Wednesday, Aug. 21, 2019 | 2 a.m.
Back in the 1960s, Nevada state officials devised a way to attract more hunters into the remote Ruby Mountains to boost tourism. Their plan: import and breed a large game bird from the Himalayan region, the snowcock. After some trial and error, their plan succeeded, and the birds that favored arid, steep and open mountainous habitat established themselves in the Ruby Mountains. Today, those birds are still in the higher peaks of the Rubies.
The threat of damaging places like the Rubies — areas that are home to these majestic creatures and attract visitors by the hundreds of thousands annually — isn’t just a problem for my Nevada-based bird-watching business and the very existence of these unconventional snowcocks. It puts our state’s economy and our way of life at risk.
Accompanied by several friends, I’ve traveled to see the Himalayan bird. Our trip made one thing clear to me: It is imperative that the Trump administration halt plans to lease oil and gas adjacent to the Ruby Mountains in September. This landscape is too vulnerable and important for the damage that would ensue.
Our excursion started in setting up camp, passing by aromatic sagebrush and juniper, to locate a spot adjacent to an alpine lake above 9,000 feet. That was home base for the week. The diversity of this landscape is truly remarkable. Walls and steep terrain of granite surrounded us on three sides. It was like a piece of the California Sierras was sliced off and placed here in Northern Nevada, an alpine island surrounded by sagebrush.
In the frigid morning, I awoke to the long, drawn-out whistle of a snowcock calling somewhere high above in a boulder field. And so we began our trek higher, toward an elevation that the large game birds prefer. Above the conifers, we found an open meadow with a large group of migrating sparrows taking advantage of the seeps of water and willows. It’s no wonder these sights drive a tourism economy that rakes in over $165 million per year in revenue for Elko County alone. The Ruby Mountains are truly a place unlike any other, a part unknown.
Bordering the meadow we were aside, on a steep slope of talus rock, we happened to see a pika — a small, high elevation mammal, basically a scaled-down rabbit. It collects grasses and weeds feverishly all summer to stock up for an alpine winter, deftly hopping rock piles. I had no idea that they were in Nevada, thinking it must be too arid and mountain ranges too far apart for them to have colonized here. Their existence exemplifies the magic our public lands contain, and still, the fragility of wild animals that find their homes there and the communities that live just outside. Both are dependent on the protected nature of these landscapes.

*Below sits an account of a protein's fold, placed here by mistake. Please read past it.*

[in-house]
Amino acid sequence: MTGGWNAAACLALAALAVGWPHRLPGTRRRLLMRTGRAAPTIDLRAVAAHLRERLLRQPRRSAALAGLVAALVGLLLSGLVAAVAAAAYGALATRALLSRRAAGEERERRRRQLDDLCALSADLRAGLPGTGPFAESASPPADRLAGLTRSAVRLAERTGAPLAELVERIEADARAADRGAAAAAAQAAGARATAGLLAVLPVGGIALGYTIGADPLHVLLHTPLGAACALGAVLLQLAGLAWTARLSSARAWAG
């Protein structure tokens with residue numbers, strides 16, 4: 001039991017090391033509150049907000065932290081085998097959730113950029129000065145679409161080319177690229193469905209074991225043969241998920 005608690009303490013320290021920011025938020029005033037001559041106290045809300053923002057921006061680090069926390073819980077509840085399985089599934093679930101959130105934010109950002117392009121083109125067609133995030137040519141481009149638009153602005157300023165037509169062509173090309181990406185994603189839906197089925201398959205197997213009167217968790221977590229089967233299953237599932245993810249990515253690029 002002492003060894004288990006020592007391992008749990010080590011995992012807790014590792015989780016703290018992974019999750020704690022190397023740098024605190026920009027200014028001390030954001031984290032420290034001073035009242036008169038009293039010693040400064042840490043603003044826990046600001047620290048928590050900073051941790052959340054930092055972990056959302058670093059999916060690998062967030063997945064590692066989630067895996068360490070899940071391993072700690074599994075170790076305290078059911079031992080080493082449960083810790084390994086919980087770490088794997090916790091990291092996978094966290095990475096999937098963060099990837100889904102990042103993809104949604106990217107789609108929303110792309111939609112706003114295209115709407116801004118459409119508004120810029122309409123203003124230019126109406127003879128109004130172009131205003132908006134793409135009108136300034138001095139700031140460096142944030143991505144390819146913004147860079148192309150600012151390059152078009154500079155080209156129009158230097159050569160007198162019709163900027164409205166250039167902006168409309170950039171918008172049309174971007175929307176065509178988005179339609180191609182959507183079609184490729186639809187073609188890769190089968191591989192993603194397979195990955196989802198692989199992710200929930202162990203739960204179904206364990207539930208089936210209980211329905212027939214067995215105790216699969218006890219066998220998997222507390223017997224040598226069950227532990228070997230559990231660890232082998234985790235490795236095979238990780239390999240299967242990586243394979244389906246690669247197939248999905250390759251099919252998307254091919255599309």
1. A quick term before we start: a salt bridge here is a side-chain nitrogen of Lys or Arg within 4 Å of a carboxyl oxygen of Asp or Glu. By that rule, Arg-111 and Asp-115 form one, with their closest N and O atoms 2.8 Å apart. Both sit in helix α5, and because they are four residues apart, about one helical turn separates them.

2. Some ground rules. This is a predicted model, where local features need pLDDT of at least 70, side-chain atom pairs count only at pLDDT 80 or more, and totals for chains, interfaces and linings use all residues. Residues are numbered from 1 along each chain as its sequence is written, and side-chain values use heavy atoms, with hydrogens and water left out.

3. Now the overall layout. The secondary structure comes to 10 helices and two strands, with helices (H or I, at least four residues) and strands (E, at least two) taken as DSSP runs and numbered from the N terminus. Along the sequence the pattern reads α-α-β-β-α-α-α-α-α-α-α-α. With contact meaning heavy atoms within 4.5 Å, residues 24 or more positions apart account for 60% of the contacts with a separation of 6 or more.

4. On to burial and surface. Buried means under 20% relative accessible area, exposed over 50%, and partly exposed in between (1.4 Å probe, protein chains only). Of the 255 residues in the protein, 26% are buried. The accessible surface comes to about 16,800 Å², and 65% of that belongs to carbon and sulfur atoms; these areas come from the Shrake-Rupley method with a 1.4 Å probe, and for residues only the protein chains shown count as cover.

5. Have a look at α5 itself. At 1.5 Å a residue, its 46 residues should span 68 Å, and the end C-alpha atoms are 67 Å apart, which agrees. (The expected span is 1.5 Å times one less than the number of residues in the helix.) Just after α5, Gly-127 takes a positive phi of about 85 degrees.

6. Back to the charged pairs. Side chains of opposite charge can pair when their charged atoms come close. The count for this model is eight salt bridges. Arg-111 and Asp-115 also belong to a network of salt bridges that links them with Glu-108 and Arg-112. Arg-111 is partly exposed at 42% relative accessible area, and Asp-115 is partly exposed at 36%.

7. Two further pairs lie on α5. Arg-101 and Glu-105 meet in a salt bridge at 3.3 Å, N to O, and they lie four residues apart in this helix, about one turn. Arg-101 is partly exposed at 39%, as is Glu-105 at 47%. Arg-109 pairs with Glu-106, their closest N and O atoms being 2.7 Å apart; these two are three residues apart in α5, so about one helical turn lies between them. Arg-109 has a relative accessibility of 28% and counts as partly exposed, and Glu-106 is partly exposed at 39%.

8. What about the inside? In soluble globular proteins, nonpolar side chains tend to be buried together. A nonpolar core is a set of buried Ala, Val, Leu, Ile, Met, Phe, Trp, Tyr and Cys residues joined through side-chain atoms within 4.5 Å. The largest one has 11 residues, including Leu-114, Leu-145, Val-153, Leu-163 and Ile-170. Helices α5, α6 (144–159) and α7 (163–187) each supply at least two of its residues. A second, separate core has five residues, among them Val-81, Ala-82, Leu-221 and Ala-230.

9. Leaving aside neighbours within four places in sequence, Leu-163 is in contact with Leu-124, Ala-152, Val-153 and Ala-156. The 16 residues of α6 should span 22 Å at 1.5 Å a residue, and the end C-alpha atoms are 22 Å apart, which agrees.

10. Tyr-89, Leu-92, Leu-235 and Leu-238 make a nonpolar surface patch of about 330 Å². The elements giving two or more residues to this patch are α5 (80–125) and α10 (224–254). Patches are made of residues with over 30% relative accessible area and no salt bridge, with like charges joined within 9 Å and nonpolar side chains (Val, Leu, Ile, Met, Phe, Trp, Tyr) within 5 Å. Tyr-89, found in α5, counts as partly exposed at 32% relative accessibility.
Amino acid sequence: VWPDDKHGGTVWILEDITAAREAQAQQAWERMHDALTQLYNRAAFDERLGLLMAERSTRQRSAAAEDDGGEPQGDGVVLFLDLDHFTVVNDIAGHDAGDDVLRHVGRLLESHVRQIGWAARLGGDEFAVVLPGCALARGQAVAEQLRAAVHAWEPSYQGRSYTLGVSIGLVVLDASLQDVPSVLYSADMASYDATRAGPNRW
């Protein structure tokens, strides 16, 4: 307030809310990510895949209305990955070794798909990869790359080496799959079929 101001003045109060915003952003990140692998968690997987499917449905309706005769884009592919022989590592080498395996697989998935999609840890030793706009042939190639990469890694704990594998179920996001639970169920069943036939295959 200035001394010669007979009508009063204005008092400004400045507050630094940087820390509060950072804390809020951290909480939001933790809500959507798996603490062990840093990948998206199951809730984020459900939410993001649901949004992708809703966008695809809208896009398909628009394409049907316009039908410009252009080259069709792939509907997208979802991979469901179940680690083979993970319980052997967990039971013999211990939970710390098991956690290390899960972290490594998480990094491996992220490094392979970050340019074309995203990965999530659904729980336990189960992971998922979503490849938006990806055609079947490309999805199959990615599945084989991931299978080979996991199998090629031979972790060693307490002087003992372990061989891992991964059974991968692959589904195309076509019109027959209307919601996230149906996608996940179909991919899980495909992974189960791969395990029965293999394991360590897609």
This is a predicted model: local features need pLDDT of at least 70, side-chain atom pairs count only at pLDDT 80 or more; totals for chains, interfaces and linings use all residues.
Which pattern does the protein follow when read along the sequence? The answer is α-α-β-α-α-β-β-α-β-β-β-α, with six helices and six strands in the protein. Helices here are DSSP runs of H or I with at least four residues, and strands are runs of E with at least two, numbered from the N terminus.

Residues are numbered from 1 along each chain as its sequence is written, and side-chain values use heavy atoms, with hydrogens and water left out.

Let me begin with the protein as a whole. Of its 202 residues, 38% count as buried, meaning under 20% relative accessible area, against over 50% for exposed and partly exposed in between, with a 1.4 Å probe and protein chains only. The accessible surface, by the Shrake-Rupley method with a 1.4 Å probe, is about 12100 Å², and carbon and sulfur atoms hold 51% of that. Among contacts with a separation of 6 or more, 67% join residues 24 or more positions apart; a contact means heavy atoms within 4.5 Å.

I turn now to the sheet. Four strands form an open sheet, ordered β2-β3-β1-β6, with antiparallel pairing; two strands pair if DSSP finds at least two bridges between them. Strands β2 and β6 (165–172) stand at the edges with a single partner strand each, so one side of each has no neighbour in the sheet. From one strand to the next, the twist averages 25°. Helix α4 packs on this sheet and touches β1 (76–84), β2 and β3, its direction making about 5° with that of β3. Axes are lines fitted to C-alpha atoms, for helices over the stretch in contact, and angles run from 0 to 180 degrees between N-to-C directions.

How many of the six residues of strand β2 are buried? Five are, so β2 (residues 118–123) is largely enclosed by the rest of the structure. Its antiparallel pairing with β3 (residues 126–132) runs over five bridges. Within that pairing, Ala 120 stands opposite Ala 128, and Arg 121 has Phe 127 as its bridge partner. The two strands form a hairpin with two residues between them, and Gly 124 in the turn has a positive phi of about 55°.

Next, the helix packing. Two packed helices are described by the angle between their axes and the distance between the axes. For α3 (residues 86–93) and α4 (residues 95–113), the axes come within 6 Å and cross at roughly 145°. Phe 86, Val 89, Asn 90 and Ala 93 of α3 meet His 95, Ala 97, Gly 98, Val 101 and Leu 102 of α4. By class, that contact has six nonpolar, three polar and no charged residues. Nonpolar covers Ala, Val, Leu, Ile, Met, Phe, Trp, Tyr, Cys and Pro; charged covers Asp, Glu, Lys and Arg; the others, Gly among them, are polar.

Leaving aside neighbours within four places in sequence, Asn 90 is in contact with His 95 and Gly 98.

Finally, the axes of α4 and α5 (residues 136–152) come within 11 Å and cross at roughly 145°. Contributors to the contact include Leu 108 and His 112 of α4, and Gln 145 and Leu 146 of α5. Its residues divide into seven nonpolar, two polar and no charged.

A couple of days in, we finally got a look at the bird we came for: the snowcock. Our presence on the trail scared it, and in flight, it showed off its rounded, white wings. We refrained from celebrating too loudly out of reverence for the quiet around us.
We climbed into the late morning, reaching the top of the highest peak in the range, Ruby Dome, at nearly 11,400 feet. From there, we could see how far we’d climbed and just how much more there was to explore.
It was easy to see how important these mountains must be to wildlife. Migratory birds, including birds of prey and many songbirds, use these ranges to find trees and water that sage and desert can’t provide, hopping from range to range. Elk and deer migrate and move elevationally throughout this range as time of year affects food availability. And the pika, a species declining quickly due to a warming climate, can still be found in these towering ranges. These last pieces of wild — ones that preserve our planet, invite the younger generations to live out their imaginations and truly personify what’s at risk with our tipping climate disruption — must remain protected.
The end of our trip left us tired yet rejuvenated. We descended, broke camp and made our long trek back to Las Vegas with a greater appreciation for Northern Nevada.
It’s tragic to think that places like these are dwindling. We lose more habitat and see changes to our planet every day. Most immediately, we must stop President Donald Trump’s Interior Department from oil and gas leasing just outside this place. Protecting public lands like the Rubies is about more than just the place. It’s about memories made, connection with the past and hope for the future.
Alex Harper is a wildlife biologist, naturalist, and adventure guide. He is a bird population ecologist, trip leader for Red Rock Audubon Society and runs a bird guiding business with several partners.